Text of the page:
2. 529 College Savings Plans Are Considered a Parent’s Asset
Now that you understand the danger of holding funds in your child’s name, 529 college plans seem even more useful. Since a 529 is your asset, not your child’s, it doesn’t hurt your kid’s ability to get more aid. If you invest $100 per month starting at your child’s birth and your account earns 8% interest, then your 529 could have $48,000 when your child turns 18. If you had put that money in an account in your kid’s name, financial aid would be a lot harder to get. Since it’s in your name, you’ll have more access to assistance.

3. Grandparents Should Give Money to the Parents Instead of the Kids
Many grandparents who are in a position to help want to give as much cash as they can to their grandchildren. It’s admirable, but cutting the parents out of the equations is a monetary risk.

If a grandparent (i.e. your parent) opens a 529 plan with the grandchild (i.e. your child) as a beneficiary, then the distributions from that plan are considered part of the student’s income by the financial aid formula. Therefore, your child will face penalties that of course your parents didn’t intend. Instead, if your parents pass assets to you, then your kids can reap the benefits of their help without losing out on financial aid. Grandparents can pass on this money through the annual gift tax exemption of $13,000.

Final Word

You might not put a 529 plan ahead of saving for your retirement on your priority list, but if there’s one thing that you do for your children, do this! Your kids won’t thank you at age ten, but they will thank you after graduation when they realize they have a fresh start with little or no debt.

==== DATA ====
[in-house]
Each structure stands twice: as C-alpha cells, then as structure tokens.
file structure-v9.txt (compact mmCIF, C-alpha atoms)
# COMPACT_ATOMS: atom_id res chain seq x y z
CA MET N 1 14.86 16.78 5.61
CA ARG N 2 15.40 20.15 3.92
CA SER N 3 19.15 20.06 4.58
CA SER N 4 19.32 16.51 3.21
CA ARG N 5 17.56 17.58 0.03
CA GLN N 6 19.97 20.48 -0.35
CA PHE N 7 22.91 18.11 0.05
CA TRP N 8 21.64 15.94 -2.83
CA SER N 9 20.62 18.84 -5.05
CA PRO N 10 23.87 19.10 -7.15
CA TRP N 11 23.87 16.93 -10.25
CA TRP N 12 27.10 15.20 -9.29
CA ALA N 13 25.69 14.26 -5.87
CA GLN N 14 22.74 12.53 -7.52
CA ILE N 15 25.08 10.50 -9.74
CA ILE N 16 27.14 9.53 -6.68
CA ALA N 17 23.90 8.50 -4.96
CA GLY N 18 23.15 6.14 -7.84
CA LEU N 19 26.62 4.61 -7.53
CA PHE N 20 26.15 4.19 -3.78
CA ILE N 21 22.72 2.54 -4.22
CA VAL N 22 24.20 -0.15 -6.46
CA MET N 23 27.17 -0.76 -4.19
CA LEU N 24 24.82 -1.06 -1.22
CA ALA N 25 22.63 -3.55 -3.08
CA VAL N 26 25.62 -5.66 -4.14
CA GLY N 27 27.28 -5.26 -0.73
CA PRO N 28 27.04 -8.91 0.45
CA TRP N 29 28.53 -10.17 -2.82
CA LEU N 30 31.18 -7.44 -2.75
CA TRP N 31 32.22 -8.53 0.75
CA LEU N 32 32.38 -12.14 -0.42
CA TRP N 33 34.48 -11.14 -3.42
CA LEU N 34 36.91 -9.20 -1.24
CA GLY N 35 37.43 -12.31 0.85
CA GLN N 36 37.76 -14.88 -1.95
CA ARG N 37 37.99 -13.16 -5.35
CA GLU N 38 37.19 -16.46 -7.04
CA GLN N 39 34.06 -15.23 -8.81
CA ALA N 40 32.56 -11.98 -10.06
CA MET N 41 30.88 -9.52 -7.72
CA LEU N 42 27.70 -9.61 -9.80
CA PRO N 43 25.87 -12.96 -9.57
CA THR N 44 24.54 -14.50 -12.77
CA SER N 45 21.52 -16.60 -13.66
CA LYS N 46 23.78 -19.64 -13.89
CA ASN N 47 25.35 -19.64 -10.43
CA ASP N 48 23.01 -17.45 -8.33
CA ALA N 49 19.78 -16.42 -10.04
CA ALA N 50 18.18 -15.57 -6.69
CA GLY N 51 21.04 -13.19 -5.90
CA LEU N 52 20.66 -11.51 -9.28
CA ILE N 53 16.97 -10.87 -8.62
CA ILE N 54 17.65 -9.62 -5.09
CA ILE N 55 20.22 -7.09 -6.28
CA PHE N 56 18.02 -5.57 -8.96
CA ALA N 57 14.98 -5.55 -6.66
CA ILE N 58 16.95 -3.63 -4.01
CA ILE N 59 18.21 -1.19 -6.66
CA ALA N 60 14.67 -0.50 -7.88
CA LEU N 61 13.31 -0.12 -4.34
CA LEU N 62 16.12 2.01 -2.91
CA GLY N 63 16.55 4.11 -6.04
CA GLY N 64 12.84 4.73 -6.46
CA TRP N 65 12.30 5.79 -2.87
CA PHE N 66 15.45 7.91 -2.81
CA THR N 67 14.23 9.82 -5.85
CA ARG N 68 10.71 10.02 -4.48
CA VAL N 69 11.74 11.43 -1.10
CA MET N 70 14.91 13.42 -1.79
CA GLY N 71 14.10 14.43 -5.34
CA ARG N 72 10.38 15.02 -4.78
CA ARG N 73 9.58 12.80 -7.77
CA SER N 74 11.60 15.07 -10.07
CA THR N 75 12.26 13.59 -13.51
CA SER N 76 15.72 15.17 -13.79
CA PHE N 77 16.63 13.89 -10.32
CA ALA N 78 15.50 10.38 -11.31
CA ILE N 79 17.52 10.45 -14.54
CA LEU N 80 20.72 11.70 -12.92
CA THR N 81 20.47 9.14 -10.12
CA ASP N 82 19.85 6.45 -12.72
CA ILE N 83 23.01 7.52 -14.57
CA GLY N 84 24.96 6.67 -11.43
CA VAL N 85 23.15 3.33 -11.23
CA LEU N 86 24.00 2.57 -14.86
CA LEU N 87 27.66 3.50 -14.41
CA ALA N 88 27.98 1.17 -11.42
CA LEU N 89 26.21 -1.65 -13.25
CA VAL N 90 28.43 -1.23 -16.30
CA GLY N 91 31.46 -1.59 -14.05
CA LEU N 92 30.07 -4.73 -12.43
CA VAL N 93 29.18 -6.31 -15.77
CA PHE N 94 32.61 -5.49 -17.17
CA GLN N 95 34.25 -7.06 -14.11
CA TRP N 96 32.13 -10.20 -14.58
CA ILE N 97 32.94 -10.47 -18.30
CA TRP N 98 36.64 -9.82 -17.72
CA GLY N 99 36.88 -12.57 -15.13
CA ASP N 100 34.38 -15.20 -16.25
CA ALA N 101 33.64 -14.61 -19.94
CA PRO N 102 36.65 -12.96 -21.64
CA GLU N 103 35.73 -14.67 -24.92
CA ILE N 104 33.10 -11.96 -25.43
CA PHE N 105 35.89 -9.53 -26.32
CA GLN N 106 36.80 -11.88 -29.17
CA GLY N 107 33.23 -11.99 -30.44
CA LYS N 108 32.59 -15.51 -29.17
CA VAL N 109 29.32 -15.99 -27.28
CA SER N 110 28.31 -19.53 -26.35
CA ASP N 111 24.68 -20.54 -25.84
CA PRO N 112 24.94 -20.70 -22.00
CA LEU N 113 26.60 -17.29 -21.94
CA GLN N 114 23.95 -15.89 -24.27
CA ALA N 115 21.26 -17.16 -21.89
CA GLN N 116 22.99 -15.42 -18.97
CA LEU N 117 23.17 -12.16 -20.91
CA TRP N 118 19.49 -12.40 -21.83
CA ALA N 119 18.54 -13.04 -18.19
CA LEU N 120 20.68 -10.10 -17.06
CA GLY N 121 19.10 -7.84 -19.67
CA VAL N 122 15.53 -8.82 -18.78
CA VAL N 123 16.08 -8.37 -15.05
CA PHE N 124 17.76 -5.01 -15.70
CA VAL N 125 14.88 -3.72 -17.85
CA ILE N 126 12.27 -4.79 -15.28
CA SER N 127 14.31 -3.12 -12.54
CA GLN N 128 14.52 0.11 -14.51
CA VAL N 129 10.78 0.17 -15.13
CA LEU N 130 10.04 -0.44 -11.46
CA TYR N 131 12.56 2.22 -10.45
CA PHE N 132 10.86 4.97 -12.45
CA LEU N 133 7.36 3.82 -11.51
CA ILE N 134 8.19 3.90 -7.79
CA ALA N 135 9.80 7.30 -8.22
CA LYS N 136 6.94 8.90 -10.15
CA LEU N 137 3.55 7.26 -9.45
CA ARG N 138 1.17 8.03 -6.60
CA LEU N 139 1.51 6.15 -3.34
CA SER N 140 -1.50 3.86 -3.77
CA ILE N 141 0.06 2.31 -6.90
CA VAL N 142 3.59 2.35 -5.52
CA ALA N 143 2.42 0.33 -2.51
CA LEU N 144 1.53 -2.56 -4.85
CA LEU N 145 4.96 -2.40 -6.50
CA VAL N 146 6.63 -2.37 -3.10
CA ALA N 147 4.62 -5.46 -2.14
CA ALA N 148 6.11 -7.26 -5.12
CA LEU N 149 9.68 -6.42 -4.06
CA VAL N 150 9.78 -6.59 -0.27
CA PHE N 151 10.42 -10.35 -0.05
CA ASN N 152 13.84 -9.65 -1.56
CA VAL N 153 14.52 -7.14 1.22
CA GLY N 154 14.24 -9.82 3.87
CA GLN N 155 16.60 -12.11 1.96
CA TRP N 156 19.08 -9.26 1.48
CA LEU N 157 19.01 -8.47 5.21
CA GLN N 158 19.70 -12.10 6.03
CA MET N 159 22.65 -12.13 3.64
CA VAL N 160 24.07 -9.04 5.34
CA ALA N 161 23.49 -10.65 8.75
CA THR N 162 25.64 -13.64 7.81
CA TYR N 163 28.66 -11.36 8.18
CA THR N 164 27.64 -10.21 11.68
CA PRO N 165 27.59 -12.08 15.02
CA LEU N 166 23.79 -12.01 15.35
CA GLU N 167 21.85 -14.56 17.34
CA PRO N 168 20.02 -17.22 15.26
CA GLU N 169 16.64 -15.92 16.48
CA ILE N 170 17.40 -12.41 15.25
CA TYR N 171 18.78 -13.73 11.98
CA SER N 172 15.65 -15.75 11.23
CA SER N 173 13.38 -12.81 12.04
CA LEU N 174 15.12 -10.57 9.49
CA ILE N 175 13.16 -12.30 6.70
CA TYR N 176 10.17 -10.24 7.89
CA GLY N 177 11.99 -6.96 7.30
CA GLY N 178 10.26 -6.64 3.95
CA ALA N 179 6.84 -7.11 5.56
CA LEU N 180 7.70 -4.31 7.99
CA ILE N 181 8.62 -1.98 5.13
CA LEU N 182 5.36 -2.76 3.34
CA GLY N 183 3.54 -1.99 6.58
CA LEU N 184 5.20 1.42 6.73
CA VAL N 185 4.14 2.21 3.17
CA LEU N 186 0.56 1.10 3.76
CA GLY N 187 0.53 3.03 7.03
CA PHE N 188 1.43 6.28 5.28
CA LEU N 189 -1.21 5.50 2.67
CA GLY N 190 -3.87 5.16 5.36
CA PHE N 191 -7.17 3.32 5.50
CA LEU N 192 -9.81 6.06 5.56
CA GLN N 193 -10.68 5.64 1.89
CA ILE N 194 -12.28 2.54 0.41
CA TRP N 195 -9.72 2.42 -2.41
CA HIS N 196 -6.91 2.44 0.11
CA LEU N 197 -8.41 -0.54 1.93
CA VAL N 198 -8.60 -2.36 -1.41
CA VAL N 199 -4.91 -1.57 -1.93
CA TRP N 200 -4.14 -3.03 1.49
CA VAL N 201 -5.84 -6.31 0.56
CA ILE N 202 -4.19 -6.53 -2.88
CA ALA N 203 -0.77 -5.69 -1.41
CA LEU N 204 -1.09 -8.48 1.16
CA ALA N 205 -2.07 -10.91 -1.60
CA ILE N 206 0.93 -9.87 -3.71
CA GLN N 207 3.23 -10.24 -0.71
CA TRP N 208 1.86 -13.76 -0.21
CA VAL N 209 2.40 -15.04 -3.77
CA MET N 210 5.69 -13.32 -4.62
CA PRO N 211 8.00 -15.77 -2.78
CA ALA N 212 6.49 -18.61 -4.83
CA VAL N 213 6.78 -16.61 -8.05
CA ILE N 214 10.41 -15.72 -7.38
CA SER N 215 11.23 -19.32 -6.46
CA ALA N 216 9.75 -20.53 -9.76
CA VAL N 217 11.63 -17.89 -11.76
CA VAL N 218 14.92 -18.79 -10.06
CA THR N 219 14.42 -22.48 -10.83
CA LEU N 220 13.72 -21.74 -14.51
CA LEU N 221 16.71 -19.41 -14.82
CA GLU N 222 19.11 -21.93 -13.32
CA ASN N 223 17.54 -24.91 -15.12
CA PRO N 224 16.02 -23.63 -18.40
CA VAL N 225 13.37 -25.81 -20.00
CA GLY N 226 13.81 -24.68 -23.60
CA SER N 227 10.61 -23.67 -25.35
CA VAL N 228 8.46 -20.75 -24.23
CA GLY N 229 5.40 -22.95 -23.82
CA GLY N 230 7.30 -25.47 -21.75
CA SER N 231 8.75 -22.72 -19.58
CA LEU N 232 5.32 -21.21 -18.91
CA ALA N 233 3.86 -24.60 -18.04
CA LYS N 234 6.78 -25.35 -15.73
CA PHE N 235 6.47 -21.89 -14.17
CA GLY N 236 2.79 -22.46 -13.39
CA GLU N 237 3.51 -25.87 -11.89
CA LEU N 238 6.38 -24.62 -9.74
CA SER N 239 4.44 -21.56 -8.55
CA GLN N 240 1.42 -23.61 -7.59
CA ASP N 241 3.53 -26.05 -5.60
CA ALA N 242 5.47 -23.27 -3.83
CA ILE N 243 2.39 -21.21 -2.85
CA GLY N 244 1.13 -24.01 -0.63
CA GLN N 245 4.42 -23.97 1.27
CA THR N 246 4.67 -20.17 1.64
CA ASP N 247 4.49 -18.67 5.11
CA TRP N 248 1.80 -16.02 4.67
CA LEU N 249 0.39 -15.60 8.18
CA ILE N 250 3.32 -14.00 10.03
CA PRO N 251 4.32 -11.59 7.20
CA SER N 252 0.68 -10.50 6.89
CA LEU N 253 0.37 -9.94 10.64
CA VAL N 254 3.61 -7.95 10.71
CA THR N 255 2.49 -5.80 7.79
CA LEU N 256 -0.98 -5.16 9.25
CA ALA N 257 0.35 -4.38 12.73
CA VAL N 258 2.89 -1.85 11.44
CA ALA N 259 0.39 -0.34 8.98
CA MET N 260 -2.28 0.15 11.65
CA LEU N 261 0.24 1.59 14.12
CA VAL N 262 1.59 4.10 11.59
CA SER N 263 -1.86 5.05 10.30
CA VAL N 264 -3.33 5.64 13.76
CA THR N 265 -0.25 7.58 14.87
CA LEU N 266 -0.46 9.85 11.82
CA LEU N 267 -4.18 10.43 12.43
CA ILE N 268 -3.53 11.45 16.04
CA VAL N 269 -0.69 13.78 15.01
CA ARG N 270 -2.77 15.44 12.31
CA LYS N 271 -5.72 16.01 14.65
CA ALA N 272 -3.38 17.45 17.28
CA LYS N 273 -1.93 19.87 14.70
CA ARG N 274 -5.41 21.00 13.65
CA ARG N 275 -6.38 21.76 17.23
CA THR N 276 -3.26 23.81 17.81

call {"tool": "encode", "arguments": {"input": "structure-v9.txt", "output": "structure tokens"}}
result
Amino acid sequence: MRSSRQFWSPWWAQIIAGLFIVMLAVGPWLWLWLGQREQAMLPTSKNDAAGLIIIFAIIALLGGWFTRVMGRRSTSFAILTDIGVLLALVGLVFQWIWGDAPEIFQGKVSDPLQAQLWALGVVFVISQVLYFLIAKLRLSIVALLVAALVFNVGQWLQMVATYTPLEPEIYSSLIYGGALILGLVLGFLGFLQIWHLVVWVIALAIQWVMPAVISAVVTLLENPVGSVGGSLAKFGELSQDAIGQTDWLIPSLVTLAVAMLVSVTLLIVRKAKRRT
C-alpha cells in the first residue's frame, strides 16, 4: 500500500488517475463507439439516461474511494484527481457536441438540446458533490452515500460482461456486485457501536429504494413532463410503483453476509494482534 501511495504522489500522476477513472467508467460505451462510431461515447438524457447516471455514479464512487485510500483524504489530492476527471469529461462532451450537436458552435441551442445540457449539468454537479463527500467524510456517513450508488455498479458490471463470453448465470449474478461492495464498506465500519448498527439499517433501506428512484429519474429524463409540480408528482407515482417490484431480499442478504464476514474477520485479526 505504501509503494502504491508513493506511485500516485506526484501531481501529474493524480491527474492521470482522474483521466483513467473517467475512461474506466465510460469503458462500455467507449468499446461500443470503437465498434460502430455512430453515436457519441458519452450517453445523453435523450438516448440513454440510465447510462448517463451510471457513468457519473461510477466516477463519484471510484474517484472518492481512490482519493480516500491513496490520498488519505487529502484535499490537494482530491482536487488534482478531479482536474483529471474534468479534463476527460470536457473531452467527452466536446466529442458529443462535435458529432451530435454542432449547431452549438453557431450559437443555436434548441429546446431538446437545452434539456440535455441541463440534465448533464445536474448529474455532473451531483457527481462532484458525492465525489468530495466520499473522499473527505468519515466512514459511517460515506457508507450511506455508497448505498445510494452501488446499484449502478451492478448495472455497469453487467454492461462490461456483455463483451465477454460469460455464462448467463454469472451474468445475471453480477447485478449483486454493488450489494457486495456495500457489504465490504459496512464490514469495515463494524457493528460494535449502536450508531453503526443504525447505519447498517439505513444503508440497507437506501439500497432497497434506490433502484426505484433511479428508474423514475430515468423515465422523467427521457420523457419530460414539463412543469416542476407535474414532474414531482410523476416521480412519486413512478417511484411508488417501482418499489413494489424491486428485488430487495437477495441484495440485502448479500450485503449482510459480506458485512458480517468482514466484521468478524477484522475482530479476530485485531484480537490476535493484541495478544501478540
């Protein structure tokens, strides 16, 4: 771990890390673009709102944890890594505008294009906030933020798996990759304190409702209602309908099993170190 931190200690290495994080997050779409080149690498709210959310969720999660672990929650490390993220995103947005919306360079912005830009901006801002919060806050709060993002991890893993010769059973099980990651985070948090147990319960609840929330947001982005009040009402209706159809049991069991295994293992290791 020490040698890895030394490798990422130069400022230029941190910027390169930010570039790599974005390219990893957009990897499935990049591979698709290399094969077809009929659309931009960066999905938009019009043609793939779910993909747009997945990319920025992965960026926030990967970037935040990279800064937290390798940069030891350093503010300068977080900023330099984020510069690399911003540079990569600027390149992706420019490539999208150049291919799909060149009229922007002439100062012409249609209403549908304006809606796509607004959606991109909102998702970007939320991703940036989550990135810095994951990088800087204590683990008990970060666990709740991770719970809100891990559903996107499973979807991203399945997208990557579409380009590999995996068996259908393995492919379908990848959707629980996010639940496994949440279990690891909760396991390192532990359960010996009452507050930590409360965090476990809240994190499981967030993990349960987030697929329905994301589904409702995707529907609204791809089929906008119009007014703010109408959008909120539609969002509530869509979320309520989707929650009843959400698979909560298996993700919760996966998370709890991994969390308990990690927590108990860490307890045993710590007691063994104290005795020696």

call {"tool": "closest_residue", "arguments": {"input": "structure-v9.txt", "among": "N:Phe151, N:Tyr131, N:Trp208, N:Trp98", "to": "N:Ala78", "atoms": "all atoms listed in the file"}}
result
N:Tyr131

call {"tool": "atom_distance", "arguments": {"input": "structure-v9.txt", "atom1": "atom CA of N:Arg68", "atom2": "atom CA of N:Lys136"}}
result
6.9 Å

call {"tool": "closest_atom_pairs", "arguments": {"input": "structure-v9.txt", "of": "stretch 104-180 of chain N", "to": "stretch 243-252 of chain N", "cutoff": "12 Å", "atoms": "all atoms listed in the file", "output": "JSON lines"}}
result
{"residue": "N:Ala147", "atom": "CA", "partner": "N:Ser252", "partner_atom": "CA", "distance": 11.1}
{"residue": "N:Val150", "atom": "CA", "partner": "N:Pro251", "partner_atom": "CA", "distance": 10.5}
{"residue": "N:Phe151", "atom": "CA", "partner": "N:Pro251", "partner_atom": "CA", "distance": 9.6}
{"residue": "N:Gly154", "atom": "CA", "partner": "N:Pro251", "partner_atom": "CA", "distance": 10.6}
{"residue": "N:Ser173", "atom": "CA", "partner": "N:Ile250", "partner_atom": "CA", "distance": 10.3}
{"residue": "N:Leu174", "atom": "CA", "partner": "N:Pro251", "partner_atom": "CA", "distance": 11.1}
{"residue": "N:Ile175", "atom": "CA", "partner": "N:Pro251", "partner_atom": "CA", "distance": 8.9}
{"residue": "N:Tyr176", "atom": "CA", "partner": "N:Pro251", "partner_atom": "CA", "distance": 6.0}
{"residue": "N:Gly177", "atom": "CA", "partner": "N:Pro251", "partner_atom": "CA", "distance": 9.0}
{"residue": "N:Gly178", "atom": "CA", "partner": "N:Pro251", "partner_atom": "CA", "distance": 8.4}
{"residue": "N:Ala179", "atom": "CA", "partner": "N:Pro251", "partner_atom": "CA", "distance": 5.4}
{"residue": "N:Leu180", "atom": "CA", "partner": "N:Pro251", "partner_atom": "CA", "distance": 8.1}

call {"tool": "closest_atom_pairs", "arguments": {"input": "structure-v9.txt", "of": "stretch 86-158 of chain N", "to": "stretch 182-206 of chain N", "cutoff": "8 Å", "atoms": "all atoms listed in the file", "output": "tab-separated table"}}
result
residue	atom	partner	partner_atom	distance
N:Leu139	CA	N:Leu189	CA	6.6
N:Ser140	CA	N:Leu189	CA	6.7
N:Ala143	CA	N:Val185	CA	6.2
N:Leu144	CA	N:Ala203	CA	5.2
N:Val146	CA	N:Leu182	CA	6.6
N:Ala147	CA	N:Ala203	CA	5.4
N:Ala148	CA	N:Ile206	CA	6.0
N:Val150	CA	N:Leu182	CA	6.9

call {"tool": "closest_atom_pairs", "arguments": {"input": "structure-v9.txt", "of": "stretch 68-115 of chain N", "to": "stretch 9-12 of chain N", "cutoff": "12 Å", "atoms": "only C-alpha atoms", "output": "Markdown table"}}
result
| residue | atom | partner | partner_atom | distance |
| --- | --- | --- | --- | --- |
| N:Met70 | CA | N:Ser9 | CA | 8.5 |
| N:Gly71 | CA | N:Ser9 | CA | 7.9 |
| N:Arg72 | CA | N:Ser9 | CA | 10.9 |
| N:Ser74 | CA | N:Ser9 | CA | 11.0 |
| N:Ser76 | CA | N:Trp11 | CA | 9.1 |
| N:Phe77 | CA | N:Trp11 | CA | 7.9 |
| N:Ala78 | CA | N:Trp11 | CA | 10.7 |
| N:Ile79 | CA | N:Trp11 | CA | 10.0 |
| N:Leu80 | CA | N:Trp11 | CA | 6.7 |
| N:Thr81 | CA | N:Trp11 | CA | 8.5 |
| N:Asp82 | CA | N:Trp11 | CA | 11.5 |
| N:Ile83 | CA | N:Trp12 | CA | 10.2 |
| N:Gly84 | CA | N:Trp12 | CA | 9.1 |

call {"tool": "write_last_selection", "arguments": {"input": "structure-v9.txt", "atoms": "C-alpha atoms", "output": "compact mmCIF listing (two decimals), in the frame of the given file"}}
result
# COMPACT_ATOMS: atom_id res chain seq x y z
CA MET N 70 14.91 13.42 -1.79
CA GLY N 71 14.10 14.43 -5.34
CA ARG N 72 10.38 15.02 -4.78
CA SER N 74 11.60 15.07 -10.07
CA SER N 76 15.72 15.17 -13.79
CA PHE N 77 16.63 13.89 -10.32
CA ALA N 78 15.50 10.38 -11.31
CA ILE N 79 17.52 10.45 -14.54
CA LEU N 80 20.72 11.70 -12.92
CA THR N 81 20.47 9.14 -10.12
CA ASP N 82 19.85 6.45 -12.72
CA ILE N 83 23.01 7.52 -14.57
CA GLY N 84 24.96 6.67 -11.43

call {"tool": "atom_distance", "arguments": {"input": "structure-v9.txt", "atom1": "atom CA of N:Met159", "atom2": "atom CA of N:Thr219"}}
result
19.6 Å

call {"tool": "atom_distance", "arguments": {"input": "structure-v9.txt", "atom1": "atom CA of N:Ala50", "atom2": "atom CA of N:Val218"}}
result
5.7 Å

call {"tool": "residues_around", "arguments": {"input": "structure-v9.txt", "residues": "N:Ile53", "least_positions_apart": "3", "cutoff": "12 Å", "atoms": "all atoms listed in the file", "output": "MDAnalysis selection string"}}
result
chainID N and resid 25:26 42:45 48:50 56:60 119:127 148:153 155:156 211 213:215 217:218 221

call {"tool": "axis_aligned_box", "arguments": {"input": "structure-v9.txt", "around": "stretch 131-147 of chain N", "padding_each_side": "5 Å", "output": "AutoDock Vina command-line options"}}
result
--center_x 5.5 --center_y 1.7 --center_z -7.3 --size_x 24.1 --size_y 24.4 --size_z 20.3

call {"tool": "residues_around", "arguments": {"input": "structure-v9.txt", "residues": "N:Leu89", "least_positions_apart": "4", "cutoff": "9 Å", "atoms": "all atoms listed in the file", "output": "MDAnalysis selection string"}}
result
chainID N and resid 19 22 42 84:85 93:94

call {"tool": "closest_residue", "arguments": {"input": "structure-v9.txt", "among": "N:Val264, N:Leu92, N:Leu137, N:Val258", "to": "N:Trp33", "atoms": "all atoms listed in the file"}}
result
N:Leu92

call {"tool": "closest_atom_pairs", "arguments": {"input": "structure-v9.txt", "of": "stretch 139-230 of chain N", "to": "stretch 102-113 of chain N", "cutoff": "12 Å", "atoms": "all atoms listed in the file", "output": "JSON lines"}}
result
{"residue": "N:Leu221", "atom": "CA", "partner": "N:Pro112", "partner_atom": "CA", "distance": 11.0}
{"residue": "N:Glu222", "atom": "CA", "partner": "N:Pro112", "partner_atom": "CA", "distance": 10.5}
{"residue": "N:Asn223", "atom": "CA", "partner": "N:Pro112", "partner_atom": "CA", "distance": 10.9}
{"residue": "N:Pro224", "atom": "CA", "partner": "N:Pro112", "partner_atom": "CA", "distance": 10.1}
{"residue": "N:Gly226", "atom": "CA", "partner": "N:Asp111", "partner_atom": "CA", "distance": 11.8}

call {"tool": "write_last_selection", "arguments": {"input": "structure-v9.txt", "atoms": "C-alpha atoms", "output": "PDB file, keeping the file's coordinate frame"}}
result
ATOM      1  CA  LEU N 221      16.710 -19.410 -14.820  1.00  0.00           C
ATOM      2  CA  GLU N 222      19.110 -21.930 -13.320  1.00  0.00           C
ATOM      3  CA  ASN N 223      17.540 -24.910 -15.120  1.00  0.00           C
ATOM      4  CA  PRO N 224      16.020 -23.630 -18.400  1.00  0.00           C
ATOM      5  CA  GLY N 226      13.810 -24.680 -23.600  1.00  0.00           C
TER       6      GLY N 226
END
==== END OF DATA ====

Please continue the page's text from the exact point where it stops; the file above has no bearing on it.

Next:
Don’t forget, you can hedge some of your risk by splitting your contributions between a college savings plan and a prepaid plan. You might cut into your possible returns if the economy does well, but you’ll also protect yourself from the dangers of falling returns and underfunded state accounts. Do your homework, and find the best plan, investment choices, and contribution levels that are right for you. Research the different programs that states have to offer, and make an informed decision.

When did you start investing in a 529 plan, and which type did you choose? If you’ve had a kid go through college already, what success or trouble did you find in finally applying the funds in your 529 savings?

(photo credit: Shutterstock)

Kira Botkin
Kira is a longtime blogger and serial entrepreneur who enjoys gardening, garage sales, and finding stray animals. She lives in Columbus, Ohio, where football is a distinct season, and by day runs a research study for people with multiple sclerosis. She hopes that the MoneyCrashers team can help you achieve your goals and live a great life.

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  • http://madsaver.com Mac

    Heard of prepaid tuition plans, but there seems to be a lack of information out there about it. With how fast tuition rates are spiking, it would be a huge savings to pay when the kid is very young rather than waiting until the day they enter college. Kind of out of luck if they really want an out-of-state school though!

  • http://www.castocreationsjewelry.blogspot.com megscole64

    My SIL started a 529 for my son. It’s the only one he will have and it will obviously only work if he actually goes to college. We don’t plan to force him to go to college. And if he does go, he will be paying for it himself, just like my husband and I did. Going to college isn’t a right and it isn’t the be all, end all to success.

    I love school, don’t get me wrong…I’d be a professional student if I could. But I don’t think school teaches life lessons or how to get along in the real world. I will support my son but not to the detriment of our own retirement. I’d rather invest carefully and earn a better return on my money than a 529 account can offer. I think it’s kind of a lazy way to “invest” for future college funds. On the other hand I don’t exactly trust these funds any more than any other funds.

  • http://www.yourfinances101.com/blog David/Yourfinances101

    I am a contributor to a 529 here in Georgia, but my only concern is (and I guess it will be a great problerm to have) is what if my son gets a full ride somewhere and doesn’t need the money?

    Then, where are you at?

    Maybe another reader could comment?

    Thanks

    • http://madsaver.com Mac